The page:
Some time later that decade, just after the release of the Californication album, I found myself reappraising the band and their merits. By this stage, I'd come to view them in a far more positive light. In a dour music scene, dominated by the likes of Korn and all those Pearl Jam wannabes, suddenly the Red Hot Chili Peppers made a lot more sense.

There was both an earthiness and earnestness to their music that I'd missed all those years earlier. I became quite the fan, long after those same mates had all moved on to other things (none of them ended up rock 'lifers' like me, for their sins).

Thing is though, there has always been one element of the band's chemistry that I've valued far above everything else, namely, guitarist John Frusciante. A phenomenal musician and writer, Frusciante's musicality and input are so essential to the Chili's sound that my appreciation levels for the band are pretty much dependent on him being in it. Twice now Frusciante has left the group, only to later return, and both times I've found myself far less interested in their output.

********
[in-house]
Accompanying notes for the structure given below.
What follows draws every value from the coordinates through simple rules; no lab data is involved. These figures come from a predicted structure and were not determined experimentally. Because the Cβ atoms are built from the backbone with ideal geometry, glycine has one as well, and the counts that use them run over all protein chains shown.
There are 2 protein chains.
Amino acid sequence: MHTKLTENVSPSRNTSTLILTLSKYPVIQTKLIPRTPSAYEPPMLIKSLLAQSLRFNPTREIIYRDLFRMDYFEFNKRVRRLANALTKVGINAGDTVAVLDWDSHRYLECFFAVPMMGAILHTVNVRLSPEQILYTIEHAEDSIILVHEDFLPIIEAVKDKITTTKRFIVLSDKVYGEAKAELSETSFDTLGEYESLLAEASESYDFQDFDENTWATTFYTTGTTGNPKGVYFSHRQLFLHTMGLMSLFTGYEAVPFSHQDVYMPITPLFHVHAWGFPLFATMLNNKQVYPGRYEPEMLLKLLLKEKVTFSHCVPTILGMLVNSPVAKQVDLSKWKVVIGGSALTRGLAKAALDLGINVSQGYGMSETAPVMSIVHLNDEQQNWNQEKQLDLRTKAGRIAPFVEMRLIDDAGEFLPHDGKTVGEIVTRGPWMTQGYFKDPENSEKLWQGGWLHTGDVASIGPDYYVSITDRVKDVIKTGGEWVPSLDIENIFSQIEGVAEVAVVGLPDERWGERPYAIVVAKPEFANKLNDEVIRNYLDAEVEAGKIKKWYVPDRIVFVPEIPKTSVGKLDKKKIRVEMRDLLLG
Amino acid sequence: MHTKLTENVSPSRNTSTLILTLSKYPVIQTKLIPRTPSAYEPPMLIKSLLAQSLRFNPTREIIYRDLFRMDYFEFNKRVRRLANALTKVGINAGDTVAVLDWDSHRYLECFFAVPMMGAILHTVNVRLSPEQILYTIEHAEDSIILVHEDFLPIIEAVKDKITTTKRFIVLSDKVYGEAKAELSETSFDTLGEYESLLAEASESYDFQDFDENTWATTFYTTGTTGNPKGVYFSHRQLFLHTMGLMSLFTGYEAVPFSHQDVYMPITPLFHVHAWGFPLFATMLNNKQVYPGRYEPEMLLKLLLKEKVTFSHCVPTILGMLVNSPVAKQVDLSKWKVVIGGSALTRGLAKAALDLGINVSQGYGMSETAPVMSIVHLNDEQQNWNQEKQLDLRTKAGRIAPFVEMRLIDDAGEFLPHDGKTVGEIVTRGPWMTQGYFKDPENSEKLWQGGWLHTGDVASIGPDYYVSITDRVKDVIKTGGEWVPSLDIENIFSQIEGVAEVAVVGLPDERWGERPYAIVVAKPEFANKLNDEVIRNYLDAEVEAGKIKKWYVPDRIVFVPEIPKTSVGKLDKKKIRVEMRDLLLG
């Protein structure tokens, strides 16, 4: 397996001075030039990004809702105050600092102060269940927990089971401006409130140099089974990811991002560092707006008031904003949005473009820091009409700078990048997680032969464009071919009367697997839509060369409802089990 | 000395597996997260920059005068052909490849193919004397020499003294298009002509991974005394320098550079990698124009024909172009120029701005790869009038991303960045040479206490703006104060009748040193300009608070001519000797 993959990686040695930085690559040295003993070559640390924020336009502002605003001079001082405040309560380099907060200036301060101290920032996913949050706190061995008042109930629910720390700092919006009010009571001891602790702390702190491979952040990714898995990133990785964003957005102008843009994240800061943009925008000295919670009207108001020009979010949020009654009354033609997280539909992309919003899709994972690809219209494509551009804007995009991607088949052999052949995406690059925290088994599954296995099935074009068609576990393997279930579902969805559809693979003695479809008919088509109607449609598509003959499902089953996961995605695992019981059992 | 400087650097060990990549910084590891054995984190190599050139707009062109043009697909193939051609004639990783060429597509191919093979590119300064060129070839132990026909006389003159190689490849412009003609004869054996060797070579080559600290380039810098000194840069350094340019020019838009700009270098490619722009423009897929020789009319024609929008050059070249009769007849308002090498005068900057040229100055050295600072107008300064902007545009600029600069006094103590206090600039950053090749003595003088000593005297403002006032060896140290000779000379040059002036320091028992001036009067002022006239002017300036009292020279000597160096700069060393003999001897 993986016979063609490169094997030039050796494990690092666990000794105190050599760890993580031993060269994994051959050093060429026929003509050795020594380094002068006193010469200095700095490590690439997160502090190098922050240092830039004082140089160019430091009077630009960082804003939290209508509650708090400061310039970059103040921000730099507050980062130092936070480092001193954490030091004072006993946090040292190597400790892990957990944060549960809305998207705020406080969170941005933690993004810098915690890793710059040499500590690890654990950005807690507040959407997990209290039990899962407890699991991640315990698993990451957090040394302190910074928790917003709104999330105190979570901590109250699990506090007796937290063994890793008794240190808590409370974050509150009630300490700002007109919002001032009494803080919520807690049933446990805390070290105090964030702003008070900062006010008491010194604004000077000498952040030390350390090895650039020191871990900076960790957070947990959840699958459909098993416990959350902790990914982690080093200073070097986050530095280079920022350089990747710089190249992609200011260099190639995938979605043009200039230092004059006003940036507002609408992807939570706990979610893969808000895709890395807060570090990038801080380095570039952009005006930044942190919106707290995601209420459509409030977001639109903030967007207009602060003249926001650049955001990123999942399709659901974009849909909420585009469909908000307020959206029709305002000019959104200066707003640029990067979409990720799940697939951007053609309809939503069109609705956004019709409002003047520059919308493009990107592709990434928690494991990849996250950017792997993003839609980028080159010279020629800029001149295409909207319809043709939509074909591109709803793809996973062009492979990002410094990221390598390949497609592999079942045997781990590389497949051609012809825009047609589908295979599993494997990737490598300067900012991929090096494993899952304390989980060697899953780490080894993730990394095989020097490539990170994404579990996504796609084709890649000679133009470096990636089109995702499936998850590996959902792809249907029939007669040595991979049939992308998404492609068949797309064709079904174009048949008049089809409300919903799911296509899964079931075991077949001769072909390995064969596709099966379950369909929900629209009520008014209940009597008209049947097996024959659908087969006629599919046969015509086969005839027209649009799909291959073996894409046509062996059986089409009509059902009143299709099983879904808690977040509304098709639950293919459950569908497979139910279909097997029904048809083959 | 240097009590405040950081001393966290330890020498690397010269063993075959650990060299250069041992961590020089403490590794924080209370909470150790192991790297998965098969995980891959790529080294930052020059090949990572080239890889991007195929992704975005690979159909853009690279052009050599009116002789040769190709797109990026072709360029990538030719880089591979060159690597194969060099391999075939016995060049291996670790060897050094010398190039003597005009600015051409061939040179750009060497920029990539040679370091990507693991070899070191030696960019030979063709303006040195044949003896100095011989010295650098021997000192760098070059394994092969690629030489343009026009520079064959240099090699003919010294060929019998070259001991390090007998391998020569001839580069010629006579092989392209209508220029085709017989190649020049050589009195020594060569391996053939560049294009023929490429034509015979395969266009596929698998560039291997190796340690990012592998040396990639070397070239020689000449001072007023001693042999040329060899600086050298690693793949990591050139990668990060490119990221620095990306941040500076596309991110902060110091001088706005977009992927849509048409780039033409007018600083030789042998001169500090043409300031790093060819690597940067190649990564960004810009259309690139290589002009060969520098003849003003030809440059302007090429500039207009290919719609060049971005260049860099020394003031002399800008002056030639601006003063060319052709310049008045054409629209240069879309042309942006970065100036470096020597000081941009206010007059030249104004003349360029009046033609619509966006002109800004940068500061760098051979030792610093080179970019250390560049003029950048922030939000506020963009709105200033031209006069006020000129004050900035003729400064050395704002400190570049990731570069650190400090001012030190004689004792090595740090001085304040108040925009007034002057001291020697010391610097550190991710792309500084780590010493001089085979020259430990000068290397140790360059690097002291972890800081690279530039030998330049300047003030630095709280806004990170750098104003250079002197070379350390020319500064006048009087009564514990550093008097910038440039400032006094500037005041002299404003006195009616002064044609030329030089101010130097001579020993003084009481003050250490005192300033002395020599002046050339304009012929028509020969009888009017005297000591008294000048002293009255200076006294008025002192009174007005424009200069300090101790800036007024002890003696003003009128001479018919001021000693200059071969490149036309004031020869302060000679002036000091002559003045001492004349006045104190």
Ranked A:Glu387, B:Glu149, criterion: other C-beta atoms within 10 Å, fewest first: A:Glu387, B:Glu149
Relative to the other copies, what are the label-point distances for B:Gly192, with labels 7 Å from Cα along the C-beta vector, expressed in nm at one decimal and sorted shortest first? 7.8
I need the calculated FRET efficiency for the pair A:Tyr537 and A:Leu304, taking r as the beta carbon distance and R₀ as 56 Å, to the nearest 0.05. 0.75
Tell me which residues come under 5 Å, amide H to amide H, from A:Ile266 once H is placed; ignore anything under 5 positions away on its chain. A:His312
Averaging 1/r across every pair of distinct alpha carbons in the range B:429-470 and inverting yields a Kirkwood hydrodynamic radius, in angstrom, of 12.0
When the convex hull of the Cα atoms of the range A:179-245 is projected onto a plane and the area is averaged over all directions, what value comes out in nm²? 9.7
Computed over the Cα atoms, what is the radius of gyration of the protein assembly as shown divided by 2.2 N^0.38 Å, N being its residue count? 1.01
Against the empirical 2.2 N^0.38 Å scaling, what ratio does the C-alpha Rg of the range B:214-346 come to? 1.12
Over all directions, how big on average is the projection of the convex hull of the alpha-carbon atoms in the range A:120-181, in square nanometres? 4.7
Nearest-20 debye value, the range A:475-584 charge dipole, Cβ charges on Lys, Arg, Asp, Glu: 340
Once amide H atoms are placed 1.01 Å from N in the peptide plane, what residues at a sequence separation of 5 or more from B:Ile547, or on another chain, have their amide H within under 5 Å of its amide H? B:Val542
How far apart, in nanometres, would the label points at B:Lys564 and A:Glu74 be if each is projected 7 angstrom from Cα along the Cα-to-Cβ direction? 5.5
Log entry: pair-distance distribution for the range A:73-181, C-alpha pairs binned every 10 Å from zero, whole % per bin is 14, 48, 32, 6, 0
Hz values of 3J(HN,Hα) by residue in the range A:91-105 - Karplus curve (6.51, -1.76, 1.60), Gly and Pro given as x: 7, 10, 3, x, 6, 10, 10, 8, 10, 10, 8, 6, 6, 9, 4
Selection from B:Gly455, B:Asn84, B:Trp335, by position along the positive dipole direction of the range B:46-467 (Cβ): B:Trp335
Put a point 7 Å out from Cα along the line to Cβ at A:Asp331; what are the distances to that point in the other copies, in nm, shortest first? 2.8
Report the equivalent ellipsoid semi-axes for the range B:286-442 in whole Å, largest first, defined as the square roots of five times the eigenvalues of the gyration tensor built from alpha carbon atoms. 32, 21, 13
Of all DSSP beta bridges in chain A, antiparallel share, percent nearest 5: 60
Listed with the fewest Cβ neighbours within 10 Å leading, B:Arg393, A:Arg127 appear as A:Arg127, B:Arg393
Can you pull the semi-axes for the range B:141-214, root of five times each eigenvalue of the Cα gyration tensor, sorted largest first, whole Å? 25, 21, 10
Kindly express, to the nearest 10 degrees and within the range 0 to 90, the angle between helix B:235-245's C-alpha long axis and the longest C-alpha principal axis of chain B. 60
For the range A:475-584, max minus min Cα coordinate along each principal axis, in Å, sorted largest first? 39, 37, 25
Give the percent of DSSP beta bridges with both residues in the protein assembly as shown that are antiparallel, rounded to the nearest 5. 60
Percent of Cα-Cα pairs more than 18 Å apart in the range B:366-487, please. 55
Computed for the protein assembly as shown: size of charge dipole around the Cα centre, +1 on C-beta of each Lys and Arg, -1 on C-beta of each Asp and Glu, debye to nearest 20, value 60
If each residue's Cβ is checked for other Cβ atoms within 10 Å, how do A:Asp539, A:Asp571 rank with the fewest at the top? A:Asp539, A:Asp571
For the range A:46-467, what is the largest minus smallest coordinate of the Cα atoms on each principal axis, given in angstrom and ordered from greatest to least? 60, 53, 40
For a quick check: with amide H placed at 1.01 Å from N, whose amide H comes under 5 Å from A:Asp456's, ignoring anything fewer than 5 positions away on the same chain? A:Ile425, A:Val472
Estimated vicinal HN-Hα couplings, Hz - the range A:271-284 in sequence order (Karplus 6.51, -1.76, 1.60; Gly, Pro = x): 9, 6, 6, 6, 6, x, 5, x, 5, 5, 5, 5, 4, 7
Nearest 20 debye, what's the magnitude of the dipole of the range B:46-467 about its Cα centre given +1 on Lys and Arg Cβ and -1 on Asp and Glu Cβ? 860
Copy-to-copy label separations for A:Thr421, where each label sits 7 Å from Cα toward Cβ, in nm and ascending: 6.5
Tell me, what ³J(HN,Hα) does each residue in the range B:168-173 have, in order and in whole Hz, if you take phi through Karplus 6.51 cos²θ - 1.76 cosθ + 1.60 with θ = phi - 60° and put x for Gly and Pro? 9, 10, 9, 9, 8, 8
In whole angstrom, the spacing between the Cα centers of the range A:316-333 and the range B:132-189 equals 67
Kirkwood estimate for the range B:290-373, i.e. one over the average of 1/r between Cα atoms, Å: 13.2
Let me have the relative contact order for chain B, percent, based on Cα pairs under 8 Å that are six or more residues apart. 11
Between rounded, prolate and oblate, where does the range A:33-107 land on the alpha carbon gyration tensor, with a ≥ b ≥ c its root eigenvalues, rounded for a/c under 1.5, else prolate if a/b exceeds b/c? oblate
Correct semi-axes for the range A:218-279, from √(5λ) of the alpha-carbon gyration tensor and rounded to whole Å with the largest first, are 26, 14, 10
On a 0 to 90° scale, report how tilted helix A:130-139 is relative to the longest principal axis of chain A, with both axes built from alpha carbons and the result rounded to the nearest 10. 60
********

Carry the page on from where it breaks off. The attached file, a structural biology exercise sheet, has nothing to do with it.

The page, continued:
I've never heard either of the Josh Klinghoffer albums, and can either take or leave 1995's One Hot Minute with Dave Navarro. Which brings me to 2002's superb, Frusciante-dominated, By The Way album.

As both guitarist and chief composer, Frusciante is 'in excelsis' on this album. In the main, it sees the Chilis ease off on the funk rock for a change, in favour of expansive, lushly orchestrated, and frequently gorgeous, pop songs, very Beach Boys and Beatles influenced in nature.

Beautifully layered and textured, the (no less than 16) songs on offer here also frequently benefit from warm, 'doo-wop' style backing vocals that enrich the atmosphere enormously. It may not be an album rooted in funk, but it still oozes its own distinctive, cool, Californian aura. And, by God, those amazing codas.